Friday, August 24, 2012

No, Not NOTA!

From the Political Wire: a judge has knocked out Nevada's famous none-of-the-above line on their elections. Apparently Republicans went after it because they thought it would hurt them (I have no idea whether they are right or not). So says election law maven Rick Hasen.

I have no particular views of either the substantive merits or the legal justification of NOTA. However, I'm for it for two reasons. One is that I like quirky local variation in general; it's a big nation, and it's fun when people do things differently. The other is that every once in a while someone will say that if only there was a none of the above option that the two clowns who the major parties have nominated would be buried by it, and Nevada allowed us to know that in fact hardly anyone would vote for the NOTA line.

So I'm definitely rooting for this one to be overturned. Again, regardless of the substantive or legal merits (and, substantively, it's most likely something like open and closed primaries that turns out to be not worth the fuss of contesting in most cases, so there's that).

8 comments:

  1. I wonder what would happen to the state's electors in the electoral college if NOTA won the most votes in November.

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    Replies
    1. Do you mean prior to this week or in the future?

      Prior to NOTA being declared unconstitutional, it has the presumption of being a legal way to run NVs elections. So, I would think that, were NOTA to have prevailed, whatever NV's legislature did to send electors to DC in December would have been fine. Nothing before or after this decision requires NV to ask its citizens who should be the electors.

      Now that its unconstitutional, though, I would think that opens up a can of worms. If NV were to pass a law before the election saying that the electors were going to be determined by best hand of PaiGow at the Bellagio, that would seem to be fine. However, I think any voter could likely bring a suit claiming a disenfranchisement problem if the election is held with NOTA on the ballot. Of course, that suit could be tossed out, or the Supremes could combine the eventual appeal of this week's NOTA decision with that case, or whatever. However, if it's an "in time for this election" question, my guess is that the Supremes would feel compelled to step in, but would go all Bush V Gore on it. They'd probably just take the path of least resistance and say "whoever got the most votes in NV got the electors."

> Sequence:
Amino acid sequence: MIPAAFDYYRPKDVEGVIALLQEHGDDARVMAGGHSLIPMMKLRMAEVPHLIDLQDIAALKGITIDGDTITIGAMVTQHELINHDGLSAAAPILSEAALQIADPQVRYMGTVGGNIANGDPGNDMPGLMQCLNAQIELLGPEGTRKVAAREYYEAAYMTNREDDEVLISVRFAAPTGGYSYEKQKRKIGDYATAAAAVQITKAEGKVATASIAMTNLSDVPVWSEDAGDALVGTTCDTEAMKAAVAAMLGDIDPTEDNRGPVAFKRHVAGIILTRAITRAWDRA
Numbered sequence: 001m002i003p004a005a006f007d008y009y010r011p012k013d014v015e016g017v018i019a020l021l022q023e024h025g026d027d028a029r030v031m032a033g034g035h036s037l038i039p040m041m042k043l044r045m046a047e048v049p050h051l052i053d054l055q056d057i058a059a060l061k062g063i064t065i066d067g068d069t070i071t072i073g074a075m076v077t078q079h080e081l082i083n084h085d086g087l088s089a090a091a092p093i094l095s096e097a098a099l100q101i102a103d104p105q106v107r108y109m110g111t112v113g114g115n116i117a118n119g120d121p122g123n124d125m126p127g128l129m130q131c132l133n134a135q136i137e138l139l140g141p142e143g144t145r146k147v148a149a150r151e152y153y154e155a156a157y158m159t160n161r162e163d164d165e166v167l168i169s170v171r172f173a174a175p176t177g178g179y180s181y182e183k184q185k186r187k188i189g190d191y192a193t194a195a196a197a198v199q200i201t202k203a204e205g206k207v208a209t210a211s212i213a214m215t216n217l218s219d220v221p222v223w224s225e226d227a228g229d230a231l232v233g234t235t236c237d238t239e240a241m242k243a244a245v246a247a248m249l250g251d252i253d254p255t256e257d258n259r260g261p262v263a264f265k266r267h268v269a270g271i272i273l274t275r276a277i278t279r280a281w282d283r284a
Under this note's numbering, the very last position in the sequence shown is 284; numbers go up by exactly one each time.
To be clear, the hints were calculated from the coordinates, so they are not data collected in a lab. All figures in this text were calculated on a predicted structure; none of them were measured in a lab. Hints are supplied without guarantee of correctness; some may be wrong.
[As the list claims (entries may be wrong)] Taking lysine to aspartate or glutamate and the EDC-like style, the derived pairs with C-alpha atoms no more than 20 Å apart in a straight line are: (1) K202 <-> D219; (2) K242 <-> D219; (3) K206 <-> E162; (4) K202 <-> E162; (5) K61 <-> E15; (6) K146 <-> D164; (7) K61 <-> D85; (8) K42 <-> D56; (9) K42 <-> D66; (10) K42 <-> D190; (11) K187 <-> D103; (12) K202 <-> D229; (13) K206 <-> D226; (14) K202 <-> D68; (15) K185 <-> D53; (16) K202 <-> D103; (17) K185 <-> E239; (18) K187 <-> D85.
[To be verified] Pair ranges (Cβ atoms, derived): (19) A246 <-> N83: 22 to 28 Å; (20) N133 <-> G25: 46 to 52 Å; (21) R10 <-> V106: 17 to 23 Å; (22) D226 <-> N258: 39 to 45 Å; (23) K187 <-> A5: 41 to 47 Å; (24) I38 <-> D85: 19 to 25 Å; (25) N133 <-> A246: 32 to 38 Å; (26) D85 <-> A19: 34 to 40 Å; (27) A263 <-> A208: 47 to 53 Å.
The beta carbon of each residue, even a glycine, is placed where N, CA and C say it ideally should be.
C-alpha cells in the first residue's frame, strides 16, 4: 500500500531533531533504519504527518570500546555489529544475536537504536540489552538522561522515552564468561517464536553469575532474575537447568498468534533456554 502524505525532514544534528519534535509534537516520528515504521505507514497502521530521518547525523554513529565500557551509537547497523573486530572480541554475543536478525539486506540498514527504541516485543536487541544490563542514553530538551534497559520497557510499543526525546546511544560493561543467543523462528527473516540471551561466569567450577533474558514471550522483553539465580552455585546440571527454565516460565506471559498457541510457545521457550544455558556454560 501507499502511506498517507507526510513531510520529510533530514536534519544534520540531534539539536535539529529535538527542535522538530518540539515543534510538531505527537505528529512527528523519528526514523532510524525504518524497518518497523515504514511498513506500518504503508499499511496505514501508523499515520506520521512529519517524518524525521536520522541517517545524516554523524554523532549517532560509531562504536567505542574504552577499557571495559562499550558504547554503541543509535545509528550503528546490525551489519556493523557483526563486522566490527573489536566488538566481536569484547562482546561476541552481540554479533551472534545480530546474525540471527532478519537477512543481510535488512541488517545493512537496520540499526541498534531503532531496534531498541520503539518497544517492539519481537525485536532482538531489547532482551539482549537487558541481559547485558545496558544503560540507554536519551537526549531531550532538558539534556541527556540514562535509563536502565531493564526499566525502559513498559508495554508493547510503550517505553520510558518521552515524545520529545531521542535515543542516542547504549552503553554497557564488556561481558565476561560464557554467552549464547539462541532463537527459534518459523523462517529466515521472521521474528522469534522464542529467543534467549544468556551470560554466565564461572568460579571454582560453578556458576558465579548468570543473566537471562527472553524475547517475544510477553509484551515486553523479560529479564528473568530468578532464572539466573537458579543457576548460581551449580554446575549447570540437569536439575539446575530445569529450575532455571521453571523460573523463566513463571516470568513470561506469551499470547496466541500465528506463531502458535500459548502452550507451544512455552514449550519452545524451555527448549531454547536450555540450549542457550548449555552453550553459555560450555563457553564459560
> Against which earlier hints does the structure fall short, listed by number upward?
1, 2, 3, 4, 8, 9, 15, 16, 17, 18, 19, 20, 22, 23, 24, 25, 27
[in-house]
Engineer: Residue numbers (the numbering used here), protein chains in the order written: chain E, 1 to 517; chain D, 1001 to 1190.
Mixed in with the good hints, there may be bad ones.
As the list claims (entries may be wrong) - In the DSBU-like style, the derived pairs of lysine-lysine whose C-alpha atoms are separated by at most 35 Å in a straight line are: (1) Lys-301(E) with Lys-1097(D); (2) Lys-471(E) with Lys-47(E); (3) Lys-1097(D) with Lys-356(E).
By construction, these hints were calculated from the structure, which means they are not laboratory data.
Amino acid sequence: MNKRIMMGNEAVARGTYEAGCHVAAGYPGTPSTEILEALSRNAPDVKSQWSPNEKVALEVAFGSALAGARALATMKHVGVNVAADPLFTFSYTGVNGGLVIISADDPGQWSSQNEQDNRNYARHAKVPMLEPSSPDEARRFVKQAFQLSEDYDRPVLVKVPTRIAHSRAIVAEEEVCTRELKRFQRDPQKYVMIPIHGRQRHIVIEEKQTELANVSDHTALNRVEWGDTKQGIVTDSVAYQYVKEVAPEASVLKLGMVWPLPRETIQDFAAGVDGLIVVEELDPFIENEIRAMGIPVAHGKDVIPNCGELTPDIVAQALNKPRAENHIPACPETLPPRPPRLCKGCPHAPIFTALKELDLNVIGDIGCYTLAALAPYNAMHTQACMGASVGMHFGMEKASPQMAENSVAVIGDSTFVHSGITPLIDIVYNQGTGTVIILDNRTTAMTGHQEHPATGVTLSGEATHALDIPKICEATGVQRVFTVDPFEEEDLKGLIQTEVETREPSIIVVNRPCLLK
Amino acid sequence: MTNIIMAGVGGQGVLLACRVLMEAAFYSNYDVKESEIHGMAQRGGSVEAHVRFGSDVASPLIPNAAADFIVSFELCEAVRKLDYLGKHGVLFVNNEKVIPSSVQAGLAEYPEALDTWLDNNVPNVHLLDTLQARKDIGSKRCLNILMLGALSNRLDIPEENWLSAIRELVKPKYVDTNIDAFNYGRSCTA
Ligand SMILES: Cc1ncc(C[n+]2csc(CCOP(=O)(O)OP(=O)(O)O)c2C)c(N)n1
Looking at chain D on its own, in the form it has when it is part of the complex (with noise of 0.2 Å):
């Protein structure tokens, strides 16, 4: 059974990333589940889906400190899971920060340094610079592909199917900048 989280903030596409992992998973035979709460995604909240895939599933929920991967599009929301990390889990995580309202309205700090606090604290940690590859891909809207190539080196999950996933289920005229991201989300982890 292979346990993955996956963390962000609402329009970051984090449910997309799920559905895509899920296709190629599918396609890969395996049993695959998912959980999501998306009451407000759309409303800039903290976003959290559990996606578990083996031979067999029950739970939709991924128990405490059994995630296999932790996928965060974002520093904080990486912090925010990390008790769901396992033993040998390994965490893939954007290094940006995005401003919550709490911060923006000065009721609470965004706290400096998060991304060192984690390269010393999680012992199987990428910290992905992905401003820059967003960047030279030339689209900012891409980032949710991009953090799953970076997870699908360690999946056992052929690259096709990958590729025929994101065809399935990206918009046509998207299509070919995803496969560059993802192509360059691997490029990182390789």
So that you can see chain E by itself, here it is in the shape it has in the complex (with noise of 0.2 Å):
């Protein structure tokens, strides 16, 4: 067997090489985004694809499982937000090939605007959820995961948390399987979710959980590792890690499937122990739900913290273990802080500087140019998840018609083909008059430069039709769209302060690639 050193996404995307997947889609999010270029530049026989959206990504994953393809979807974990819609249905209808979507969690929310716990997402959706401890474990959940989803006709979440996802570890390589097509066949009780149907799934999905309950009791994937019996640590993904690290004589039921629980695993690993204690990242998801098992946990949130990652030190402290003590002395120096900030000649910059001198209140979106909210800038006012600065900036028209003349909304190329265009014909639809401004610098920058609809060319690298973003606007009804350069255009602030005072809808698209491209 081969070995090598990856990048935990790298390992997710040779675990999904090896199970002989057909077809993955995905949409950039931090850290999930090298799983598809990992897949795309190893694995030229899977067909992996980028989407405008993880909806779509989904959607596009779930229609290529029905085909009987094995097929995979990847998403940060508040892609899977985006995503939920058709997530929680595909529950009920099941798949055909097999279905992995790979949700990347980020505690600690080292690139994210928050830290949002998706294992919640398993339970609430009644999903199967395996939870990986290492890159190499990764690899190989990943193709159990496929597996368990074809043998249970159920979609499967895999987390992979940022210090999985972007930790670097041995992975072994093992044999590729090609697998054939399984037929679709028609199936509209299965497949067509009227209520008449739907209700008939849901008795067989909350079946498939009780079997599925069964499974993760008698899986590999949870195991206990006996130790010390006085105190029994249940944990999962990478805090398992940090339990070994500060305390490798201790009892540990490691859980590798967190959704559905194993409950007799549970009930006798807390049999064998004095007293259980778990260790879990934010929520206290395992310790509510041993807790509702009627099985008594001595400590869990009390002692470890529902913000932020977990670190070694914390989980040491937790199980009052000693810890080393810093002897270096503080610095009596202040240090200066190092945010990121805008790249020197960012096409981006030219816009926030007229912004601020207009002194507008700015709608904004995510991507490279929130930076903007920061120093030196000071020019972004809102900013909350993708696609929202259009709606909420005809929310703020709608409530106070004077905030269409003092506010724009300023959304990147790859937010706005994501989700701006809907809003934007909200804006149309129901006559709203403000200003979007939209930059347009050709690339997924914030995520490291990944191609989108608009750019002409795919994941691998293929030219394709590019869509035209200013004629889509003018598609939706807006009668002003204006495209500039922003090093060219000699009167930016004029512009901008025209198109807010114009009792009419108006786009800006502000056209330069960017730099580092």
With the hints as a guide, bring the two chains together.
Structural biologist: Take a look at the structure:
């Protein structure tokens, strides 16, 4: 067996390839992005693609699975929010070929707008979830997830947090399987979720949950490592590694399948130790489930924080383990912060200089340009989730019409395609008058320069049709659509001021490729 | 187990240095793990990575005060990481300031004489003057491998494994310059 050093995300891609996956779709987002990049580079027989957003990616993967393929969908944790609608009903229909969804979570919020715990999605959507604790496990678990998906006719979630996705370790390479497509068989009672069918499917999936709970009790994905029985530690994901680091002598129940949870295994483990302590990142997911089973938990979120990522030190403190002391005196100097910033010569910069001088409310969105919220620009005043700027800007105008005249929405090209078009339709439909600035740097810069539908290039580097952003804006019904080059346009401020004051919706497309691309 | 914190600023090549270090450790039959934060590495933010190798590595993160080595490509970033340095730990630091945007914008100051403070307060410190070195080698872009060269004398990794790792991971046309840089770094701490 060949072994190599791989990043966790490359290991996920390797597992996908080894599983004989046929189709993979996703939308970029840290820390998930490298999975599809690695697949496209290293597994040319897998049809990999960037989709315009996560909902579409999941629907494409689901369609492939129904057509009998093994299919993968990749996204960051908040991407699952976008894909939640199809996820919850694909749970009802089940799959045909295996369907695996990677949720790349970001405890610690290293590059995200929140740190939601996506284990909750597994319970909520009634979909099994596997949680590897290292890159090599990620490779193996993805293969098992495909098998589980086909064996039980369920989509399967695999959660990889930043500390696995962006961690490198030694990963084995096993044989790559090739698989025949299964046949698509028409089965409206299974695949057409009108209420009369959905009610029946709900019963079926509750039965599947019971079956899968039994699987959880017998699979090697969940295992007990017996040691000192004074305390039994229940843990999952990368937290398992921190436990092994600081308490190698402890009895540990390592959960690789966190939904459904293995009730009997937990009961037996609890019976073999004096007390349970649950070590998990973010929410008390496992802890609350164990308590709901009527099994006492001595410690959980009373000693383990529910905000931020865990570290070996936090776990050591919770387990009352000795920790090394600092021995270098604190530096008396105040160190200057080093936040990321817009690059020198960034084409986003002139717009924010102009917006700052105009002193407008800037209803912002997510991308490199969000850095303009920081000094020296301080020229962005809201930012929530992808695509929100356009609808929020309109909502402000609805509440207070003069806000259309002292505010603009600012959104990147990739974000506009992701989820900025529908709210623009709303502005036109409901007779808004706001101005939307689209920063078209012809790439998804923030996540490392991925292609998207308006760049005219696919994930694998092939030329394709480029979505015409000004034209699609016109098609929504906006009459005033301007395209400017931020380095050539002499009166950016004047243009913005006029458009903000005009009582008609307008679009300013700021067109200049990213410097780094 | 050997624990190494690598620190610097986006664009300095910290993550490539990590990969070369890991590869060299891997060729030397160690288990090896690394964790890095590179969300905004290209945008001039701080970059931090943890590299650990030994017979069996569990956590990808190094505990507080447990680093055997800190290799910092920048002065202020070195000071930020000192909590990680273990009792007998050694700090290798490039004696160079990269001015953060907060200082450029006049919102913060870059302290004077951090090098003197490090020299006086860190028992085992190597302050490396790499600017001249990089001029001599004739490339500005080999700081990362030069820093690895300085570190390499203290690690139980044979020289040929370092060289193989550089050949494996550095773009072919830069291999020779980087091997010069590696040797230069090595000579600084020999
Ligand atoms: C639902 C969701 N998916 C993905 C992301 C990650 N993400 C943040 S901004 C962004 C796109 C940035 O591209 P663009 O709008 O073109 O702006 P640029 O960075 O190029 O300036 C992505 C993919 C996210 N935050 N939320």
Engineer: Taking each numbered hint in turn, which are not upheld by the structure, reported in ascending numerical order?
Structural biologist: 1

All this is pure BS speculation.

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    2. That was supposed to say "NOT go all Bush v Gore on it."

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  2. I don't understand how NOTA can be unconstitutional. The judge's logic is really weird... Mickey Mouse could also win via write-in, but that wouldn't count, either.

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  3. Jonathan, In your lifetime, I don't think the winning candidate for President has ever received more votes than the number of people who chose to simply stay home. For some, staying home is the ultimate NOTA.

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    1. Yes, but plenty of people "stay home" despite having a preference. There are plenty of good reasons to not vote.

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    2. Having a preference is meaningless when it’s limited to only two viable candidates (plenty of people vote for “the lesser of two evils”).

      The two party system does not always represent the interests and values of voters today. According to one online survey, Gary Johnson does significantly better than Mitt Romney in aligning with voters on the issues: http://www.isidewith.com

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  4. The only scholarly analysis of Nevada's "none of these candidates" rule that I know of came out recently in the Social Science Journal (see "Losing to Nobody, Nevada's 'None of These Candidates' Ballot Reform").

    In short, it found that the "none of the above" rule hasn't had any effect at all on election results, other than reducing rolloff by giving potential rolloff voters the option of choosing "none" rather than skipping a line on their ballot.

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